Periodic Table -> Helium
Helium DetailsHelium Symbol:
HeHelium Atomic Number:
2Helium Atomic Weight:
4.0026What is Helium?
Helium (atomic number 2, symbol He)
is a non-toxic, tasteless, odorless, and colorless gas. Heading the noble group, it is an inert monoatomic gas, and its melting and boiling points are some of the lowest compared with other elements. Except in extreme conditions, helium exists as gas only. Helium is also the second most abundant and the lightest element, which is present in around 24 percent of the elemental mass. This makes over twelve times the combined mass of heavier elements. The abundance of helium is similar to this percentage in Jupiter and the Sun because of its high binding energy. Due to its binding energy, helium-4 is abundant, being the product of radioactive decay as well as nuclear fusion. Helium-4 accounts for most of the helium found in the universe. According to researchers, it was during the Big Bang when helium-4 was formed. The nuclear fusion of hydrogen which takes place in the stars accounts for the formation of new helium today.
Most of the helium on earth is produced as a result of radioactive decay. Some helium is present in the atmosphere, but its isolation and the subsequent separation of air is not cost-effective. It is cheaper and easier to isolate helium from some natural gases. In the United States, the concentration of helium was found to be as high as 7 percent in natural gases. Liquefaction and separations techniques are used to isolate it from these natural gases. This is not usually done in laboratory conditions, and the gas is kept in cylinders under pressure so that it is available commercially.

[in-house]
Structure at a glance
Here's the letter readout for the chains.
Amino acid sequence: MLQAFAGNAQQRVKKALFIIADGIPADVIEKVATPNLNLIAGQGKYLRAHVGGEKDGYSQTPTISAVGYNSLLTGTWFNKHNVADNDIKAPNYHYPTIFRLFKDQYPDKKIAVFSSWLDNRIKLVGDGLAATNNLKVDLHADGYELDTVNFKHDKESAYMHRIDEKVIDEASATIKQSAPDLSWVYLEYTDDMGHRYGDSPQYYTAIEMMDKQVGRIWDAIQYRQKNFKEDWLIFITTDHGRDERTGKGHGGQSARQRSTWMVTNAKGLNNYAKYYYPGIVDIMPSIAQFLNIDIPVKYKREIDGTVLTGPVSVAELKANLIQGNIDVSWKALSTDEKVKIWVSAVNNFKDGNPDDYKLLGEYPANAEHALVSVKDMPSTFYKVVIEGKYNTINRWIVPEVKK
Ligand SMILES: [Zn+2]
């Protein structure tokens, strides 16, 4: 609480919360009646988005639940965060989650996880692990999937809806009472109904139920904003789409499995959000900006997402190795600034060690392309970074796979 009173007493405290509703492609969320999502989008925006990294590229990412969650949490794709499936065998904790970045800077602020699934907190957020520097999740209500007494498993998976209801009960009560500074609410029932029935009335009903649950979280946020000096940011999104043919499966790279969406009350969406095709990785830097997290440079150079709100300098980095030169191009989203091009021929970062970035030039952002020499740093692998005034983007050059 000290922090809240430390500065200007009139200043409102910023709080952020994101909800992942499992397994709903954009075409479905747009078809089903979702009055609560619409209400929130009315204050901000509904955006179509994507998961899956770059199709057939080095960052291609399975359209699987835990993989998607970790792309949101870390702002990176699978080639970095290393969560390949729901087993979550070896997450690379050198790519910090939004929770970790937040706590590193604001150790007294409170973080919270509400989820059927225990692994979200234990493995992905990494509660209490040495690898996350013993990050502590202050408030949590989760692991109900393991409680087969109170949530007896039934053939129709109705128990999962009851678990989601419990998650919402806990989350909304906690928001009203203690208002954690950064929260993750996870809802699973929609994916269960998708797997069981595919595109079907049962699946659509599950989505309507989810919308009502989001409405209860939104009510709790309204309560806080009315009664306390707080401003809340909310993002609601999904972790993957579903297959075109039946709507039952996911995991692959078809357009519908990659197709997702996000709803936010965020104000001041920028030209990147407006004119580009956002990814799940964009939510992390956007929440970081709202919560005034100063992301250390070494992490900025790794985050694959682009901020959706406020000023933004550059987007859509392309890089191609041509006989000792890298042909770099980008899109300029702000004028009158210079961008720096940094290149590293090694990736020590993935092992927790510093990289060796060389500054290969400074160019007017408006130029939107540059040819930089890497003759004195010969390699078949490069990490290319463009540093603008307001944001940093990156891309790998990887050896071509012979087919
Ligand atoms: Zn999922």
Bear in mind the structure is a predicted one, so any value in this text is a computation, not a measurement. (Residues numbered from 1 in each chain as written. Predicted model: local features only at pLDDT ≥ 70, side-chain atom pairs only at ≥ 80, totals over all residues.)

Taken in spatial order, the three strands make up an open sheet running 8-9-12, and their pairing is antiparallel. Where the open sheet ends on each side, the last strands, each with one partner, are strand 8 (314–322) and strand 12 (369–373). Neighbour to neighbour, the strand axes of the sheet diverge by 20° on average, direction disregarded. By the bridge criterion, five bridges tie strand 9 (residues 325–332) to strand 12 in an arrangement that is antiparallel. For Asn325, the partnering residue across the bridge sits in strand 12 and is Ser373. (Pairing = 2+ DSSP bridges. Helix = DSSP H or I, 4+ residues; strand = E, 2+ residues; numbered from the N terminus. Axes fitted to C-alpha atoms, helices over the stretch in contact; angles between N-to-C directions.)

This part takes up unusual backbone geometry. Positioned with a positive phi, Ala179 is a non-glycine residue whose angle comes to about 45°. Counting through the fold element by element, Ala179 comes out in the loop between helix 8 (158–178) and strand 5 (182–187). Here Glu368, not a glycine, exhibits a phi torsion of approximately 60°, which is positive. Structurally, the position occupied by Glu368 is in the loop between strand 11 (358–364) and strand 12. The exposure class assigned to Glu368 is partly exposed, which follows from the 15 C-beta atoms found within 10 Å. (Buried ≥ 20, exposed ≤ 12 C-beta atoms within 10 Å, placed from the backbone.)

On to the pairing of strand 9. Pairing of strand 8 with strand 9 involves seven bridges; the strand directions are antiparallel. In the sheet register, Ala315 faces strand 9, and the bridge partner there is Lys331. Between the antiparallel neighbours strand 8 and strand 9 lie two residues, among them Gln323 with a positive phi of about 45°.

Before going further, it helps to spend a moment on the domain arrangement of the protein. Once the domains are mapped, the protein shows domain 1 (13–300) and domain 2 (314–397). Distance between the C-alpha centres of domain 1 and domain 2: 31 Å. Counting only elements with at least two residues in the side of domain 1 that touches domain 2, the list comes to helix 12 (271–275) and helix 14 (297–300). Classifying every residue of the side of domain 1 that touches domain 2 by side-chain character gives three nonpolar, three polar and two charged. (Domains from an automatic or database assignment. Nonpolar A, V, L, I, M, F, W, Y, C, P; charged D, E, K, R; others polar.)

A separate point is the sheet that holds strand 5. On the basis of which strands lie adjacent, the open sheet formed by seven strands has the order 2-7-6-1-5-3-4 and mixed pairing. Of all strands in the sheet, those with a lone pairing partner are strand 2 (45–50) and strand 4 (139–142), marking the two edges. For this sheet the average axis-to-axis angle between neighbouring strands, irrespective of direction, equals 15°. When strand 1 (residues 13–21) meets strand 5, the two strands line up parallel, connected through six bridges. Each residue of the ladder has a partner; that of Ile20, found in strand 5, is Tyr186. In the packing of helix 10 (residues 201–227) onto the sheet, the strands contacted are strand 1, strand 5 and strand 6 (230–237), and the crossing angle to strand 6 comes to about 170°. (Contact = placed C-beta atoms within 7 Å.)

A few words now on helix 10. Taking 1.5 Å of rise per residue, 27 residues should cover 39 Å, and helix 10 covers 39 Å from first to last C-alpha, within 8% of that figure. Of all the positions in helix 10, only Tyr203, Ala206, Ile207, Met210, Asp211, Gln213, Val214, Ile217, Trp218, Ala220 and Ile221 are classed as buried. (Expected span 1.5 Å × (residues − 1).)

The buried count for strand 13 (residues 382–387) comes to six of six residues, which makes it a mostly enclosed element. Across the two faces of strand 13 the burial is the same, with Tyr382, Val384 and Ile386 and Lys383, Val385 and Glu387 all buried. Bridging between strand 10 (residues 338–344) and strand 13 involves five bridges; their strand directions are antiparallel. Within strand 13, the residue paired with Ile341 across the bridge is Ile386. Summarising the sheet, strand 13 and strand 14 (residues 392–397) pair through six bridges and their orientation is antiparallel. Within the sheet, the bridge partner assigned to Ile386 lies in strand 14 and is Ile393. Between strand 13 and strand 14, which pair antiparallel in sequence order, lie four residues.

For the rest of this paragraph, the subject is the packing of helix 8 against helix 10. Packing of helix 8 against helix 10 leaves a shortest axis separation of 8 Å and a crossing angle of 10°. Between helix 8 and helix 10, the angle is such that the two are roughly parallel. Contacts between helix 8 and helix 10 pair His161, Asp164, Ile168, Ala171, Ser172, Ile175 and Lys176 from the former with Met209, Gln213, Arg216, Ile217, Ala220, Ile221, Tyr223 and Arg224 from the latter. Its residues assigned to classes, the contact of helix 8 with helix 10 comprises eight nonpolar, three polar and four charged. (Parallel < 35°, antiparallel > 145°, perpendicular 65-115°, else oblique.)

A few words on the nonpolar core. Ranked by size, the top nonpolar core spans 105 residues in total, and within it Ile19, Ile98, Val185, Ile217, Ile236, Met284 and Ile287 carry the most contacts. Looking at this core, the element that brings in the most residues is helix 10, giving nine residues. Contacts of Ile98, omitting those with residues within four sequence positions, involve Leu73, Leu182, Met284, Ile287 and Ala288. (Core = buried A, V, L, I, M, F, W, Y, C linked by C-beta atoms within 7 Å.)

Helium has different applications, with mixtures of oxygen and helium being used as artificial air. It is also used for pressurizing liquid-fuel rockets and for filling balloons. Helium is heavier than hydrogen and safer to use in balloons because it does not burn. In the semi-conductor industry, the gas is used to create an inert atmosphere, which is suitable for growing germanium crystals and silicon. Helium is also employed in the production of zirconium and titanium because it is a high temperature gas. In gas chromatography, the element serves as a carrier gas. Liquid helium is used to generate superconductivity in some metals because of its low temperature.
In addition, helium is employed in impulse facilities and supersonic wind tunnels because of its calorically and thermally perfect nature, heat capacity ratio, high speed of sound, and inertness. In arc welding, the element is used as a shielding gas for materials that are weakened and contaminated by nitrogen or air at welding temperatures. Some shelding gases, which are inert in nature, are employed in tungsten arc welding. For materials with high heat conductivity, such as copper and aluminum, helium is used instead of argon. Leak detection is another industrial application of the gas. Helium diffusion through solids takes 3 times faster than that of air, and it is thus used to detect leaks in high-temperature containers, cryogenic tanks, and other high-vacuum equipment. To test an object, it is put in a chamber and then filled with helium after being evacuated. Among its other uses, helium is used in rocketry. It serves as an ullage medium where oxidizers and fuel are displaced as to condense oxygen and hydrogen and produce rocket fuel. Prior to launch, helium is employed to purge oxidizer and fuel from the ground support equipment.
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